“If we wash our hands of the conflict between them and the powerless we side with the powerful – we don’t remain neutral”
Powerful quote I thought.
Not participating or standing up for a cause or someone does not mean you’ve done right. It does not absolve you.
I have now added more to this original post.
“Silence is not the only aid to the stillness. There is another, and that, ironically, is speech”.
Someone once said, “don’t speak unless you can improve on the silence” and I found that to be truly profound for many reasons. First of all I find that it is feels true and rings right. We don’t always need to speak and this follows on from my previous post that sometimes not all things need to be said.
Collective silence is however quite different to meditation. Outwardly it may seem similar and even look similar but from the inside of the room where this collective silence is taking place, it is entirely distinct. Sometimes someone within the collective silence circle may be moved to speak. And when they do they tend to speak from a deep, unfamiliar place inside them. I think as long as there is no personal agenda or self-regard…
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I Choose to Begin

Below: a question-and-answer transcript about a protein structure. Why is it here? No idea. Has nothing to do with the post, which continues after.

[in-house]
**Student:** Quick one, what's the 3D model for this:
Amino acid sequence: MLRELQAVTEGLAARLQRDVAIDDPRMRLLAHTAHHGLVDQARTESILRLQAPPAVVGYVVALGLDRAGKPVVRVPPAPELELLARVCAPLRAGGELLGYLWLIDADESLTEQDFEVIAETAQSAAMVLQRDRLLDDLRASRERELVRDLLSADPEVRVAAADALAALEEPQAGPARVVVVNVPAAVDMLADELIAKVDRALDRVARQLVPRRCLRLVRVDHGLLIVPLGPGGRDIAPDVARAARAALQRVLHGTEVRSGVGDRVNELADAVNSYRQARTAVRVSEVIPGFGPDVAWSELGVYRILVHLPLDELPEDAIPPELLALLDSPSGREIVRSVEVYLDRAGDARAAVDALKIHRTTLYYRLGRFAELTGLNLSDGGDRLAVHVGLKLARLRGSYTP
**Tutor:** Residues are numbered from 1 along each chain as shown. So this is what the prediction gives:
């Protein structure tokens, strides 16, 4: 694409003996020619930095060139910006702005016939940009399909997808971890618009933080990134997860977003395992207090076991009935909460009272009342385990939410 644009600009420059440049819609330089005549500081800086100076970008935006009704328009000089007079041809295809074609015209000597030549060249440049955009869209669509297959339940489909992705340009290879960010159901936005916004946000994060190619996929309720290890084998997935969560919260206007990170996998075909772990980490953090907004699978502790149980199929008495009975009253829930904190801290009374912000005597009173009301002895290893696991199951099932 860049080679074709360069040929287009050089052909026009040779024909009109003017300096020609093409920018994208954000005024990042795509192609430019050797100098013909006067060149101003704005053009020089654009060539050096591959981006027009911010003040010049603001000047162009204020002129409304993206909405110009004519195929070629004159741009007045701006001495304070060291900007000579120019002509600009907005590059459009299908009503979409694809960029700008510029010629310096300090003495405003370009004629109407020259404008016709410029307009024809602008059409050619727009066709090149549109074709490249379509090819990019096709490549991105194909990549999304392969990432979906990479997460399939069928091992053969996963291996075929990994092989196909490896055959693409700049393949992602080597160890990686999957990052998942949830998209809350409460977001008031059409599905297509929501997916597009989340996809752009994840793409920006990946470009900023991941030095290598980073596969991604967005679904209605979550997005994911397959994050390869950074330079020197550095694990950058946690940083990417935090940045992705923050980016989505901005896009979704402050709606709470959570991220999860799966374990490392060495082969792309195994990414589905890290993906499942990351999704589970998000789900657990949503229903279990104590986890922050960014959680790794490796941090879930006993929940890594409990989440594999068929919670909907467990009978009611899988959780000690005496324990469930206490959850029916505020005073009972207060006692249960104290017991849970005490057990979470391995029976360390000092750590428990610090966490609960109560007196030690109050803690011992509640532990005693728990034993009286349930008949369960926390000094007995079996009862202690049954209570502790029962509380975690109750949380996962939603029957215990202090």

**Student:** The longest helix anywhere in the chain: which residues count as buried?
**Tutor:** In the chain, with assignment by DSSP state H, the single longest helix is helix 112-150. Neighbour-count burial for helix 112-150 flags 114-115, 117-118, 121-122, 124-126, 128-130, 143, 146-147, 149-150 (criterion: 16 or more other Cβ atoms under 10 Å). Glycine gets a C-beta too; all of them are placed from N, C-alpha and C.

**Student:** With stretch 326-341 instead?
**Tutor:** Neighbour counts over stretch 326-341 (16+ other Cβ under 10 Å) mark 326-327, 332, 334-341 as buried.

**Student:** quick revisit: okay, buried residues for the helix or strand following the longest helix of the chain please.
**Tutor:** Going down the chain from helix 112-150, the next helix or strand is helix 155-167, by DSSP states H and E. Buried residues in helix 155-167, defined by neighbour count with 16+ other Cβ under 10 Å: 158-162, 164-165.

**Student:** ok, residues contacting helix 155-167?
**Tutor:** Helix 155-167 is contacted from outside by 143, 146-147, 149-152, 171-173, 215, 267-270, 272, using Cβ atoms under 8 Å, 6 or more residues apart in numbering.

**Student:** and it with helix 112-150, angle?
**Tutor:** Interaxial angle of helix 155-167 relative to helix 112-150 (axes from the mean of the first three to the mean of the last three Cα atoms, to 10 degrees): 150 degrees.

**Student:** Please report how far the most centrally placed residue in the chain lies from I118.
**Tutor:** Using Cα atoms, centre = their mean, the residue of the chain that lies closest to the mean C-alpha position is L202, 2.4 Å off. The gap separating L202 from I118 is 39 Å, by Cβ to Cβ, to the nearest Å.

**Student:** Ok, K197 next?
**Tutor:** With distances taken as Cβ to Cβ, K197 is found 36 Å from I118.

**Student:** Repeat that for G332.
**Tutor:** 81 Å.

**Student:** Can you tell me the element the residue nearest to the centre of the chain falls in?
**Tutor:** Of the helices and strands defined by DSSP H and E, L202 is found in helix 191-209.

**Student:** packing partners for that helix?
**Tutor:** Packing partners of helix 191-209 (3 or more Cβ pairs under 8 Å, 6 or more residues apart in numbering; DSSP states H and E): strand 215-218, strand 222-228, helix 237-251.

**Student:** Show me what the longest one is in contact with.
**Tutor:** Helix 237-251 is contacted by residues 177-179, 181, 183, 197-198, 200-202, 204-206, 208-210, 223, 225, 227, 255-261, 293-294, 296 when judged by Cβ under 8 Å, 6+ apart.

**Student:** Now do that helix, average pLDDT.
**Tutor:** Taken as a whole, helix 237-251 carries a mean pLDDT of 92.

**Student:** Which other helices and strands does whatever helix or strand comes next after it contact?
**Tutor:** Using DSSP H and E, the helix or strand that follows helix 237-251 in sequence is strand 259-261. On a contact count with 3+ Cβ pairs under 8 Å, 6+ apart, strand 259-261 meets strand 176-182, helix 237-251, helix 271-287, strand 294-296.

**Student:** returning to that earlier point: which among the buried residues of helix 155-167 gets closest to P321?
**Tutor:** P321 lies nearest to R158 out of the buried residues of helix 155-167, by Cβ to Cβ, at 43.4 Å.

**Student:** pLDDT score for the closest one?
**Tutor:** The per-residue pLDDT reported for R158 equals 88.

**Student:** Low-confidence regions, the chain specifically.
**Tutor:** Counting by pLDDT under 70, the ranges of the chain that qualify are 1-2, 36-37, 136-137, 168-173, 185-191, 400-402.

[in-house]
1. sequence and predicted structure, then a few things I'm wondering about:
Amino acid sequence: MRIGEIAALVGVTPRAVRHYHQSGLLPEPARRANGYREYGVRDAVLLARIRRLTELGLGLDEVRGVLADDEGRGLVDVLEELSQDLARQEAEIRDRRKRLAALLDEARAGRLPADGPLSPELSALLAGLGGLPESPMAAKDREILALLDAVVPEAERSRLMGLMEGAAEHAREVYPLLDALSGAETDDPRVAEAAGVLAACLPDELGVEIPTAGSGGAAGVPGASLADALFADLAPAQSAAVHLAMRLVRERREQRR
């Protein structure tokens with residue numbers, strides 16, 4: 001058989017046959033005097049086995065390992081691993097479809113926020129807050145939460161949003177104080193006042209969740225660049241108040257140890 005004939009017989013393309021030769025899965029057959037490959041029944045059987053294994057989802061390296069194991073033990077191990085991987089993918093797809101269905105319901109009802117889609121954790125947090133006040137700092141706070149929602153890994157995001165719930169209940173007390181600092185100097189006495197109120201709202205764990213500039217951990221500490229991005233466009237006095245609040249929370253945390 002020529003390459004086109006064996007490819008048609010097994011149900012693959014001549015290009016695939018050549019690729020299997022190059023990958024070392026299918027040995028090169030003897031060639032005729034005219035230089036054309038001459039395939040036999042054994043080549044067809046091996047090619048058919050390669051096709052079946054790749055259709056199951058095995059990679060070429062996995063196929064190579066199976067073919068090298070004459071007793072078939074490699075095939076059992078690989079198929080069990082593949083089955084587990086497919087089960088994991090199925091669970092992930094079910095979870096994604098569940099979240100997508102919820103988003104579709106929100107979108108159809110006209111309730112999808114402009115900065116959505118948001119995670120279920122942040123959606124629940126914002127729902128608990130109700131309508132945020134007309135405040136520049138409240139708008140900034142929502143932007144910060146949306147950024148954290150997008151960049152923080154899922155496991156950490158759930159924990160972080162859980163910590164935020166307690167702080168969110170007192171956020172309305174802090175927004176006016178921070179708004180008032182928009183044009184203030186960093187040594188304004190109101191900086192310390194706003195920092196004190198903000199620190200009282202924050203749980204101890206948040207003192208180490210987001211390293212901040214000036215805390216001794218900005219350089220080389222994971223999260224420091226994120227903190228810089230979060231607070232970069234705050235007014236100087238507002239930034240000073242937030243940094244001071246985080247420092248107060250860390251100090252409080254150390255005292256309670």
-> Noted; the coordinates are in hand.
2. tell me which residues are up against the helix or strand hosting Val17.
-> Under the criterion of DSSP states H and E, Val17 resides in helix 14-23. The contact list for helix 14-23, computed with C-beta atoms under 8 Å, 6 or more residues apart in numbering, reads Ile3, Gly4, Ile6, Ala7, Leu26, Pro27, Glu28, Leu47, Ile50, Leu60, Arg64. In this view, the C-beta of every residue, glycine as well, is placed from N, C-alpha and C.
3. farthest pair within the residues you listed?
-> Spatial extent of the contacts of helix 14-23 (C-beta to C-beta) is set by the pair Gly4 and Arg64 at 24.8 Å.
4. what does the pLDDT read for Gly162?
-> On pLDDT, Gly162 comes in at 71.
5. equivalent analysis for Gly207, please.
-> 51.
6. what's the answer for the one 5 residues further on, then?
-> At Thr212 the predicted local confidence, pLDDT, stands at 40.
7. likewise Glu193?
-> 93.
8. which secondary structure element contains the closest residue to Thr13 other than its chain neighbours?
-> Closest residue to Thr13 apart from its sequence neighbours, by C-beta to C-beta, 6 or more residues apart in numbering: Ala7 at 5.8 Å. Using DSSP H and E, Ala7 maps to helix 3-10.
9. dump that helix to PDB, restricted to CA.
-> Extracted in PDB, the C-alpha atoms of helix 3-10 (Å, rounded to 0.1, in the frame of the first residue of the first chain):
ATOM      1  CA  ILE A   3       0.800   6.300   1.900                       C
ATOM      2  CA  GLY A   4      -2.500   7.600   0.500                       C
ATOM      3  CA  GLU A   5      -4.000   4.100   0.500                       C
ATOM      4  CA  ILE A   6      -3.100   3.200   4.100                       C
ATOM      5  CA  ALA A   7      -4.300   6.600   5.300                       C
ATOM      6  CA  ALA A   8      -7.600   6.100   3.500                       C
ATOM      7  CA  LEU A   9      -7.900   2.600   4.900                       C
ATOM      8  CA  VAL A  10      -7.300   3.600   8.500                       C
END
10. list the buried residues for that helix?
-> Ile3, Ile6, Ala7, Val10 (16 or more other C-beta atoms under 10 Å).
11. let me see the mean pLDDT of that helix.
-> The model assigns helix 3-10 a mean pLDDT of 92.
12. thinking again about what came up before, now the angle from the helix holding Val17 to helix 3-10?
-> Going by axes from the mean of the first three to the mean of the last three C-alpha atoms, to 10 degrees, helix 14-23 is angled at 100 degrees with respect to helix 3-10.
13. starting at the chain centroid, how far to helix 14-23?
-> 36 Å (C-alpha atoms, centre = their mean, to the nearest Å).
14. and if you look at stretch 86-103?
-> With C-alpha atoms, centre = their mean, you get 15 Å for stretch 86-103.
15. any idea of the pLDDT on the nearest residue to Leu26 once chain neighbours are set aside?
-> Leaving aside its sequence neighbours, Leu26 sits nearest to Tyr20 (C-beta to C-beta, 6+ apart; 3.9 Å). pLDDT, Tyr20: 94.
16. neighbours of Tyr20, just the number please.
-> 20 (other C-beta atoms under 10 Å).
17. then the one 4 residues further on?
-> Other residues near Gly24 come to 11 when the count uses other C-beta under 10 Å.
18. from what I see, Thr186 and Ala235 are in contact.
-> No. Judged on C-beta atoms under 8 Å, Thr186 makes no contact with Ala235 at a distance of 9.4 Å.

I love all beginnings, despite their anxiousness and their uncertainty, which belong to every commencement. If I have earned a pleasure or a reward, or if I wish that something had not happened; if I doubt the worth of an experience and remain in my past – then I choose to begin at this very second.
Begin what? I begin. I have already thus begun a thousand lives.
Early Journals, A Year with Rilke
Rilke has always been a favourite of mine ever since I read his book, Letters to a Young Poet, many years ago. It’s funny how some things change over time and some just remain the same. I got a Kindle recently and Rilke’s book, A Year with Rilke, was the main inspiration for my purchase. I wanted something I could look at daily, a few words that could perhaps accompany me throughout the day and offer me some food for thought.
Like many book lovers I resisted going all electronic so a Kindle was out of the question for a long time because of all the aesthetic pleasures that books afford — the sweet scent of a new book; the feel of the crisp pages between my fingers; the impressive colours of a book cover and its pride of place on the book shelf. But then something happened……